Like our first president — not our current one — I cannot tell a lie: We must chop down the poisonous tree of white supremacist masculinity.
MY MASCULINITY HELPS explores the role of African American men and boys in the prevention of sexual violence. It shows African American male allies (psychologist, professor, peer educator, attorney, pastor, athlete, middle and high school students, activist) demonstrating understanding and support for survivors of sexual violence. Strategies for assistance and prevention are provided. Survivors also share their stories and what has helped them. The film serves as a counter-narrative to often inaccurate and misleading portrayals of African American masculinity.
How can we prevent and reduce men's violence against women? What does violence prevention involve? What does primary prevention mean?
In this XY collection, we present short, accessible introductions to the field of violence prevention. They are listed below, and provided in full text at the bottom of this page.
There is an excellent international literature on how best to prevent and reduce men's violence against women. It includes major, systematic reviews of effective practice in this field. In this XY collection, we present key reports on and guides to prevention practice. They are listed below - click on the title to download each in full text (PDF).
Yes, large numbers of men and boys are killed and injured in war. They are sent to war largely by other men. Wars are supported more by men than women. And traditional masculinity has been central to justifications for war. It is men, not women, who have excluded women from joining men in military and combat roles. Feminist women and women’s movements have played key roles in challenging war and militarism. Finally, the overall impacts of war and conflict and their aftermath are greater for women than men.
Here is the scorecard. Australians know something about violence. We are aware of the wide range of physical and non-physical behaviours that are often part of domestic violence. But we don’t know much about its impact, so we struggle for example to know why women stay. We have the wrong idea about why this violence happens, blaming anger or sex drive or intoxication rather than gender inequalities. We are too willing to excuse domestic violence. We blame the victim. We still see women as liars. We see men as lust-driven pigs who can’t be held responsible for their sexual behaviour. We say we would intervene in violence, but we don’t necessarily know where to get help.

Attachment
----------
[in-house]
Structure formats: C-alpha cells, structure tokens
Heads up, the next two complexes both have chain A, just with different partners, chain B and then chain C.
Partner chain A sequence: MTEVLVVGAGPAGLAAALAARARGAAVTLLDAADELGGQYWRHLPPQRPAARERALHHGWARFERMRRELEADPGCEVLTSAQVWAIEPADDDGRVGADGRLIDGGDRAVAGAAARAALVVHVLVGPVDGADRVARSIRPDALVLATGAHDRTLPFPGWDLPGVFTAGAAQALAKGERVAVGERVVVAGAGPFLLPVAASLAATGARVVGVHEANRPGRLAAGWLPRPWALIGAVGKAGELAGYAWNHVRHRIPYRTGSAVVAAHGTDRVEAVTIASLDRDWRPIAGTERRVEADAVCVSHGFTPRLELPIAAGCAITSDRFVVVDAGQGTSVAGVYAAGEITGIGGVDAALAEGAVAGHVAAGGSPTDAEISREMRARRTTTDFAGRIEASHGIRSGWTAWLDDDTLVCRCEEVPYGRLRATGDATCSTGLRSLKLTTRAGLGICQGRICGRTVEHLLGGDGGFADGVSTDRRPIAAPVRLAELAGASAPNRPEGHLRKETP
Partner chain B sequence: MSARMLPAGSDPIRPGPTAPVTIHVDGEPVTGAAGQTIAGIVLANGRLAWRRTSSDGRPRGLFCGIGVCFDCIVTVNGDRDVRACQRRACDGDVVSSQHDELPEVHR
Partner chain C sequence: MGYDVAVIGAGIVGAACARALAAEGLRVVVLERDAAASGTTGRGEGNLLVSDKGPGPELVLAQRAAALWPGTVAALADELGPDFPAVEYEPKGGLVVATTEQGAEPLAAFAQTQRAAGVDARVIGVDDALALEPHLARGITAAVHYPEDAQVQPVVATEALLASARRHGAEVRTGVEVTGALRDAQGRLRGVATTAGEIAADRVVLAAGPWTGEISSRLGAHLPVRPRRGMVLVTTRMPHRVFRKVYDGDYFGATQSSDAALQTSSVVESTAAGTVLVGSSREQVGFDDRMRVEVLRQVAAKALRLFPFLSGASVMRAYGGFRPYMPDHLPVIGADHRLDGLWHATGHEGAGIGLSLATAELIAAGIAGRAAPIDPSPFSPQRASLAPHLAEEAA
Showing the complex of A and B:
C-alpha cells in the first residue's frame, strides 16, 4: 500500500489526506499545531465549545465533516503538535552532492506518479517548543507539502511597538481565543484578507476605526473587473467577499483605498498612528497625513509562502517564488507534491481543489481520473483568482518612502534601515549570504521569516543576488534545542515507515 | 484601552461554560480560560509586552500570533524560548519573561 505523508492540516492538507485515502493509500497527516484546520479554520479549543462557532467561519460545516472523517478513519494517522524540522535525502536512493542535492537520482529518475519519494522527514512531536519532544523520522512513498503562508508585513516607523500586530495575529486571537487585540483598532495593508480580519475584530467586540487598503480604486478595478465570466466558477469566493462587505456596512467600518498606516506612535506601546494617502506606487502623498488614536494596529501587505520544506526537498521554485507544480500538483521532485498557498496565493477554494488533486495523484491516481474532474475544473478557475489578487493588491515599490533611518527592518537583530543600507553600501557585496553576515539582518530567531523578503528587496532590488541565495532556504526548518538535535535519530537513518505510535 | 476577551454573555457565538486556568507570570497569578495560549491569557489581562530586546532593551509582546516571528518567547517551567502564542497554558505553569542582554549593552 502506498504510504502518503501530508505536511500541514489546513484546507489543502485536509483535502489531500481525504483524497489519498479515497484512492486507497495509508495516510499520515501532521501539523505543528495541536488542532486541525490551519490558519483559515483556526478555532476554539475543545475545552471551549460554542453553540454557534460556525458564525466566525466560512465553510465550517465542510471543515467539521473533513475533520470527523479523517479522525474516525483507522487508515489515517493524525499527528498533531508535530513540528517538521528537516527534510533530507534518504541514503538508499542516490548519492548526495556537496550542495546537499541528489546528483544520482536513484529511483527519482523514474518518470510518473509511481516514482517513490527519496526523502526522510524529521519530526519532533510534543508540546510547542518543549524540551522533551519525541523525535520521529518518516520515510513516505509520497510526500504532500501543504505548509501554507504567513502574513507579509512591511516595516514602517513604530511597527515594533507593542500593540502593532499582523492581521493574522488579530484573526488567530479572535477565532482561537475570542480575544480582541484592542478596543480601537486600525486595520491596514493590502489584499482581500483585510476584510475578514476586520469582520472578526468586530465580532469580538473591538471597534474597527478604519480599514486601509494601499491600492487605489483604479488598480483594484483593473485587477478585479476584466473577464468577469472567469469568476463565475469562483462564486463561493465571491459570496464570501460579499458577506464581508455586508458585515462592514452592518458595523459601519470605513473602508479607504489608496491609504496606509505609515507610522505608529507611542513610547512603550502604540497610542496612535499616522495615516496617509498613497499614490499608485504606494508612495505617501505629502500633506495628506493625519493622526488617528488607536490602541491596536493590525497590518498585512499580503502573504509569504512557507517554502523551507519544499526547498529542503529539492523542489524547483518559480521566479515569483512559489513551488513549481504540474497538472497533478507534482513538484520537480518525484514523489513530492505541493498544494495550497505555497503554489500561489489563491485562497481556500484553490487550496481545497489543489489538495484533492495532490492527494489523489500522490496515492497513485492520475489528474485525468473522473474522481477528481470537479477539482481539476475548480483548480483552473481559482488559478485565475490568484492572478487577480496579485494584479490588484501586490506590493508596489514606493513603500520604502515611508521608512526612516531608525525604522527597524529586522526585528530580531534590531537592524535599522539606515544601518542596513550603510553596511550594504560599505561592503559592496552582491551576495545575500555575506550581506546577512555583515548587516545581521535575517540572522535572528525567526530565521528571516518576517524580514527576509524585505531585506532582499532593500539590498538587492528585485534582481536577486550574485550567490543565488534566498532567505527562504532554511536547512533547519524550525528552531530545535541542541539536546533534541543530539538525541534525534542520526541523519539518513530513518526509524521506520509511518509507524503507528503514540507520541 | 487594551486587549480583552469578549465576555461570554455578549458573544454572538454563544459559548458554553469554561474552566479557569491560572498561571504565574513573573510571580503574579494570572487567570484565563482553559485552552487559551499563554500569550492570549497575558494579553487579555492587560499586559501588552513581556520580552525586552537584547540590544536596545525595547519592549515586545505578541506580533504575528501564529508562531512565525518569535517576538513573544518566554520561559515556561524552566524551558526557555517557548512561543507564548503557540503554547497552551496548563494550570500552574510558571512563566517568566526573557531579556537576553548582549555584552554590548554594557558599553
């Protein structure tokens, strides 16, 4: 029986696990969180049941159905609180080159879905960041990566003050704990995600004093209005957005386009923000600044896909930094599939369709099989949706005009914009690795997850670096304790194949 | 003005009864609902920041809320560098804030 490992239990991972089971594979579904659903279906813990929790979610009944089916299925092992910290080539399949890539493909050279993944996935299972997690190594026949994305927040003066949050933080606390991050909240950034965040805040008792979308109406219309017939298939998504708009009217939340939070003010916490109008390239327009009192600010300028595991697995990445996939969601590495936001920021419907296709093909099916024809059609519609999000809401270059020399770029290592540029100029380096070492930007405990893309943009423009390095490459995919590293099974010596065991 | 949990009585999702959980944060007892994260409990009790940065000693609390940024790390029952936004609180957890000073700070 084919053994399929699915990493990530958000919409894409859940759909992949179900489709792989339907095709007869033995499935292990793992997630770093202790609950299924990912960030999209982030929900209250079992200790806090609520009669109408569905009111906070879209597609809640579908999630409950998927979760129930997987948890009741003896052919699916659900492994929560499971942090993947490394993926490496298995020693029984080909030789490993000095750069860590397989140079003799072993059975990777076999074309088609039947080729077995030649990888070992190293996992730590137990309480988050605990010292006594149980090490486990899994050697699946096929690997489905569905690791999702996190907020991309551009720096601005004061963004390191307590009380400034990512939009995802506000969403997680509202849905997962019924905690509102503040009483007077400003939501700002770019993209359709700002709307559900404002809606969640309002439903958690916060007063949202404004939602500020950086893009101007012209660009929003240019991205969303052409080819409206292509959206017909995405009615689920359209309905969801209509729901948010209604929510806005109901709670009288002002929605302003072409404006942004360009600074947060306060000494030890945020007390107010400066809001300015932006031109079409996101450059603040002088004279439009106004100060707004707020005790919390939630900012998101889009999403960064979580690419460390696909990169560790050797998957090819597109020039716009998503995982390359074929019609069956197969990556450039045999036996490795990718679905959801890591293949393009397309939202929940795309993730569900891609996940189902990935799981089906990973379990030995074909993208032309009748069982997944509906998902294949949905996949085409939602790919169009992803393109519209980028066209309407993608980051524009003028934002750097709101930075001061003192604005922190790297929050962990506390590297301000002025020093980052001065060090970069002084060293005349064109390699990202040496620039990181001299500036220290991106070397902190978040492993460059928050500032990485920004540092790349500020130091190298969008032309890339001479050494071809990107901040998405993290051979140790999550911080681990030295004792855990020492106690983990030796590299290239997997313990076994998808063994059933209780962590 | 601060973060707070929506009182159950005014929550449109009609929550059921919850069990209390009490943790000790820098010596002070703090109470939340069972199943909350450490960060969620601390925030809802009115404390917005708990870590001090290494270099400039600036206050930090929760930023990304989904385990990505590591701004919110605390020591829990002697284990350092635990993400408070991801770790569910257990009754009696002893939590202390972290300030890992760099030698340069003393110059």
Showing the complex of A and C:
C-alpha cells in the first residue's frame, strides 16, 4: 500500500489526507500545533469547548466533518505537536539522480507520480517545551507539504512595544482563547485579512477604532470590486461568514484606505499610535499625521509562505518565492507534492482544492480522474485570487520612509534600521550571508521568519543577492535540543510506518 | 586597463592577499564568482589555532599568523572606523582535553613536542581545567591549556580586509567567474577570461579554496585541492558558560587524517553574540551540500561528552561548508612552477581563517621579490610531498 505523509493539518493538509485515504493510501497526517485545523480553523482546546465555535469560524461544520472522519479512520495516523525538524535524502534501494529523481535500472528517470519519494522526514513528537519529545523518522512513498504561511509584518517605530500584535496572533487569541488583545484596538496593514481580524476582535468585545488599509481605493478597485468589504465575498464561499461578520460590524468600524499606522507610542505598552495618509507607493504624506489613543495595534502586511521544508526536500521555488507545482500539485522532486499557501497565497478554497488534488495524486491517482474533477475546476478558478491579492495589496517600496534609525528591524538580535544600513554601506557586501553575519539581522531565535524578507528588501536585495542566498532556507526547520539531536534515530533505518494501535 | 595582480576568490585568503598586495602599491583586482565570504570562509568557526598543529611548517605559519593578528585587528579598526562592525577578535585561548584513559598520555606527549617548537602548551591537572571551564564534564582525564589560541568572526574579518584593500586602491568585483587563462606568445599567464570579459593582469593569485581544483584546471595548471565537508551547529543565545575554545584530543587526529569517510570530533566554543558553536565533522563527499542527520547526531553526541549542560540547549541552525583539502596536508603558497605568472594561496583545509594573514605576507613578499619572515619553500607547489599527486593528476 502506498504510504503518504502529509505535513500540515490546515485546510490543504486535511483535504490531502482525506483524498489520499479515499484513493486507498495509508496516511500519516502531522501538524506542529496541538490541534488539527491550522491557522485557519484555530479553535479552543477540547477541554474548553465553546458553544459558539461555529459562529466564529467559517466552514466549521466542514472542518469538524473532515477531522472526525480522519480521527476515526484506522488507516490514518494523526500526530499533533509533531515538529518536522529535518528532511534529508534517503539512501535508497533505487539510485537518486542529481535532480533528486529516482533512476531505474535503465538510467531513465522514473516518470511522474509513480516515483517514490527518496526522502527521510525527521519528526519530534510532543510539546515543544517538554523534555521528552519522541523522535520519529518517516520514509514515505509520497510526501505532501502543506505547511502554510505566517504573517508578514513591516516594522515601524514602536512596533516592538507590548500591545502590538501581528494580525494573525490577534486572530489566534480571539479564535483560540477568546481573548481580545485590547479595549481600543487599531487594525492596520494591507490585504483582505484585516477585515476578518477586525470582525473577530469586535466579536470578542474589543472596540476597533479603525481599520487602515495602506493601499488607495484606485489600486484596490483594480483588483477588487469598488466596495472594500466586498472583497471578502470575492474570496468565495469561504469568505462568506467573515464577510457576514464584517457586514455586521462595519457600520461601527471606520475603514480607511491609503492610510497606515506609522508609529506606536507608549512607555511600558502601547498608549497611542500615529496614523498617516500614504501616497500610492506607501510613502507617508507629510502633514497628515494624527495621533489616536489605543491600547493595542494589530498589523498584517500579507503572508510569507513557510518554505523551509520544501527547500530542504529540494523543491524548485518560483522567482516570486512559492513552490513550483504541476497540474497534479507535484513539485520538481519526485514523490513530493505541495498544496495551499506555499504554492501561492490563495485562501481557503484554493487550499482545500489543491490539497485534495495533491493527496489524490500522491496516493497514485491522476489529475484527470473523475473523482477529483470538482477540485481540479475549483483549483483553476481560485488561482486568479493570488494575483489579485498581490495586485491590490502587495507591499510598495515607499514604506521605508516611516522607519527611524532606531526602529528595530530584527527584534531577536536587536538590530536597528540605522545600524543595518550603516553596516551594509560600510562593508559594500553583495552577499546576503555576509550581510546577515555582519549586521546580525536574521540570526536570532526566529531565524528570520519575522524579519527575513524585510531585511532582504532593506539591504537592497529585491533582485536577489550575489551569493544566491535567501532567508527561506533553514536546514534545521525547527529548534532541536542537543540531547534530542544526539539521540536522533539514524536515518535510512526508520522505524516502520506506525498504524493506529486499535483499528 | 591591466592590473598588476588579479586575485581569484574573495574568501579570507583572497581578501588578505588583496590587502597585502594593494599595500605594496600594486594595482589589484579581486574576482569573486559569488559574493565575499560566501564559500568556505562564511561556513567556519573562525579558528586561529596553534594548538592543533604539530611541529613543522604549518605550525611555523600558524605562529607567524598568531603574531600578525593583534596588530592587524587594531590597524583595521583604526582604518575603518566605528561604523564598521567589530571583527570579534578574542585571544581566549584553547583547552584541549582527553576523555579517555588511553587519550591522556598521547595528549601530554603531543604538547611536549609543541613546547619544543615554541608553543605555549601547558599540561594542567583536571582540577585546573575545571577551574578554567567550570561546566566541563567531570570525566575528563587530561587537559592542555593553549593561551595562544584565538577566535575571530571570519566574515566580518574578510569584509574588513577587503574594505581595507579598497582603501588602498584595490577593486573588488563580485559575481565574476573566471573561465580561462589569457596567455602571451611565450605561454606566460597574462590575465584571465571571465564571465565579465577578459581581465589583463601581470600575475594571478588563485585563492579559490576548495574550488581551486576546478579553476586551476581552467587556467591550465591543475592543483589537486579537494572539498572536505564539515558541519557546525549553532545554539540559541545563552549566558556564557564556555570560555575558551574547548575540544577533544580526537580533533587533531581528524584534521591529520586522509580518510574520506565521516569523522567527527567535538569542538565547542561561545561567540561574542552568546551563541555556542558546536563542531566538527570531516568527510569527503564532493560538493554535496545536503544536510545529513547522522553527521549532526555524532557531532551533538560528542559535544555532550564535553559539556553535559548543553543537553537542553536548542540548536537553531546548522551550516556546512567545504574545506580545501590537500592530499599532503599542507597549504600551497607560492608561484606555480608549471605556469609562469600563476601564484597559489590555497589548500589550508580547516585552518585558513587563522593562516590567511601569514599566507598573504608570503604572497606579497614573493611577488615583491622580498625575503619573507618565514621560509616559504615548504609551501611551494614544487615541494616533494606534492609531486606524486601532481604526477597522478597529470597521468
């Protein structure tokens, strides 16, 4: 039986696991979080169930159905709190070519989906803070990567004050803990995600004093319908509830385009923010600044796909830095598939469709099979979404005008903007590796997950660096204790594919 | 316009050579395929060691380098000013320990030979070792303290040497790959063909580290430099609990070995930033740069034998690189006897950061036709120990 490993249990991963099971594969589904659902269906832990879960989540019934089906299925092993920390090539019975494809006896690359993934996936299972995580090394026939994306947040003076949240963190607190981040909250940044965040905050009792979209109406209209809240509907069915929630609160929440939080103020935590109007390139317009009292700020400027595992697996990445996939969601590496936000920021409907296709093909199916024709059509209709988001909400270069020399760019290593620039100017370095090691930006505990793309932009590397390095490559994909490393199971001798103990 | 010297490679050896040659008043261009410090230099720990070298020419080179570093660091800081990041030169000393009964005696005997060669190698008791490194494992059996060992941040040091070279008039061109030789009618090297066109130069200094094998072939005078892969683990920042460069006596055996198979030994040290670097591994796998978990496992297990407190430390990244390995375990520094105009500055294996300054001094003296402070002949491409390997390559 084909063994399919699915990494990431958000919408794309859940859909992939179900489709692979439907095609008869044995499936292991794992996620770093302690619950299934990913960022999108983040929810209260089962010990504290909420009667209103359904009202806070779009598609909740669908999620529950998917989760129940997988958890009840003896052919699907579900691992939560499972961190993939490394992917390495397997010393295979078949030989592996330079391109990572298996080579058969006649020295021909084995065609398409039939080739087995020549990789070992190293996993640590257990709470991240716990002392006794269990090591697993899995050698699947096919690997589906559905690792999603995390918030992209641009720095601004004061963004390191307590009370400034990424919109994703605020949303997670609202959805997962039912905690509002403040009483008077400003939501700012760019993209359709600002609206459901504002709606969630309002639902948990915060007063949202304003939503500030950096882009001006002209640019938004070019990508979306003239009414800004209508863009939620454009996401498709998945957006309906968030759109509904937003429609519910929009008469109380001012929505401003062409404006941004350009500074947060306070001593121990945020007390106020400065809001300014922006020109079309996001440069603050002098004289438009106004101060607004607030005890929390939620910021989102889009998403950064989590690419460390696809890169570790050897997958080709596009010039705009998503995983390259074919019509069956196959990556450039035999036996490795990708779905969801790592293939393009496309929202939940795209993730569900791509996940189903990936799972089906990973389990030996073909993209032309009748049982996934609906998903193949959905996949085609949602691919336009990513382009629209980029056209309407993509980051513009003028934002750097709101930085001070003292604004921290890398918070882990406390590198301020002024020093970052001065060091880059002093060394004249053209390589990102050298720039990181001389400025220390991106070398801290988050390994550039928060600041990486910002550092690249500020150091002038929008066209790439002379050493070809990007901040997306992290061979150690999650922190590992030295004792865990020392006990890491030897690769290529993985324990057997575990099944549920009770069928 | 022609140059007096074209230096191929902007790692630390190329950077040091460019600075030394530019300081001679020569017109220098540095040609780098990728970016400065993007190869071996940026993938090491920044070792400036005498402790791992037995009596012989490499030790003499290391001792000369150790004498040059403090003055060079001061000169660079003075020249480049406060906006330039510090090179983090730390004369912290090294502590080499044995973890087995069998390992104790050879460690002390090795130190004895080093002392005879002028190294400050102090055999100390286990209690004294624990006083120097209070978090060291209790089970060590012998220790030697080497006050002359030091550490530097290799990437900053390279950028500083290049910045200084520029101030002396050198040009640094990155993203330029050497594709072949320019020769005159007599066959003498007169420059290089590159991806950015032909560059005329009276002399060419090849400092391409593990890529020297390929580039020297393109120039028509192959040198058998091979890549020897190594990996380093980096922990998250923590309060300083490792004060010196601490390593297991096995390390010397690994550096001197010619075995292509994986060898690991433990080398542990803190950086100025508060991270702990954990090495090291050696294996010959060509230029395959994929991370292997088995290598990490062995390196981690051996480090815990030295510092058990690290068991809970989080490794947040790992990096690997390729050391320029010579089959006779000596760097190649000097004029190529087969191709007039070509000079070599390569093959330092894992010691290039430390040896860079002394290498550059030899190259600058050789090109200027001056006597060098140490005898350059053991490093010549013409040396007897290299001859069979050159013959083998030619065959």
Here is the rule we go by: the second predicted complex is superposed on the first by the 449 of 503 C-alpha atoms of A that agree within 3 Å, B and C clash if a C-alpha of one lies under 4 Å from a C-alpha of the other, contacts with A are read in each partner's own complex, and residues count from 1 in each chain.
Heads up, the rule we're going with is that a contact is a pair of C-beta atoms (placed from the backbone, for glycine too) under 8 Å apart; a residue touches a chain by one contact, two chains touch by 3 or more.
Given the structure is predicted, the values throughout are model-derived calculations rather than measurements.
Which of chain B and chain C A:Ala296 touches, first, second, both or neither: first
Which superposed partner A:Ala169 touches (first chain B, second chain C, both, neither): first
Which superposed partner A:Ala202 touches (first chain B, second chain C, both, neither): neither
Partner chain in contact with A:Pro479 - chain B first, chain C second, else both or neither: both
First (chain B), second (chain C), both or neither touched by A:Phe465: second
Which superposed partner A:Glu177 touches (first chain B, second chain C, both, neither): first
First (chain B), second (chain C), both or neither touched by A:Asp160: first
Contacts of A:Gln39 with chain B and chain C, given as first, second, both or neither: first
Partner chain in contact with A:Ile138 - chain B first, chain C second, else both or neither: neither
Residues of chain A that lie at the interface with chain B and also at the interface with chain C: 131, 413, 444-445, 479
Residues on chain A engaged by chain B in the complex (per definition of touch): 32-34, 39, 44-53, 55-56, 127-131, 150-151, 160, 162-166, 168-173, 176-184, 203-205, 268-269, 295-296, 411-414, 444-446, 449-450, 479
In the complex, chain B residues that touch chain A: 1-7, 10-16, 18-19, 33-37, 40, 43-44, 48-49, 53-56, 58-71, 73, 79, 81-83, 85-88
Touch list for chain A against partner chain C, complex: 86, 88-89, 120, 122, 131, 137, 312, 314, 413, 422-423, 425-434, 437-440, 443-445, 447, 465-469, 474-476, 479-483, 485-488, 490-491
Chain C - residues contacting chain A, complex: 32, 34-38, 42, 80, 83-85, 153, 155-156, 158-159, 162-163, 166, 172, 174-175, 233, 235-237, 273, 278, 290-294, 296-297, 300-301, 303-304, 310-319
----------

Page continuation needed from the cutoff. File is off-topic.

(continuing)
There are many good reasons to engage men in building gender equality, especially given that some men’s practices, identities, and relations can sustain inequalities. The need to engage men can be particularly true in conflict and post-conflict societies, which often reinforce narrow views of masculinity and gender hierarchies. At the same time, involving men in gender-related policy and programming carries the risk of compromising resources and services directed exclusively to women or diluting the feminist orientation of such efforts.
There are great resources for encouraging norms of sexual consent and respect among men and boys, building skills in negotiating consent, and so on. Here, we have collected some useful, accessible pieces. Further suggestions are most welcome.
Further pieces on XY which focus on consent include the following: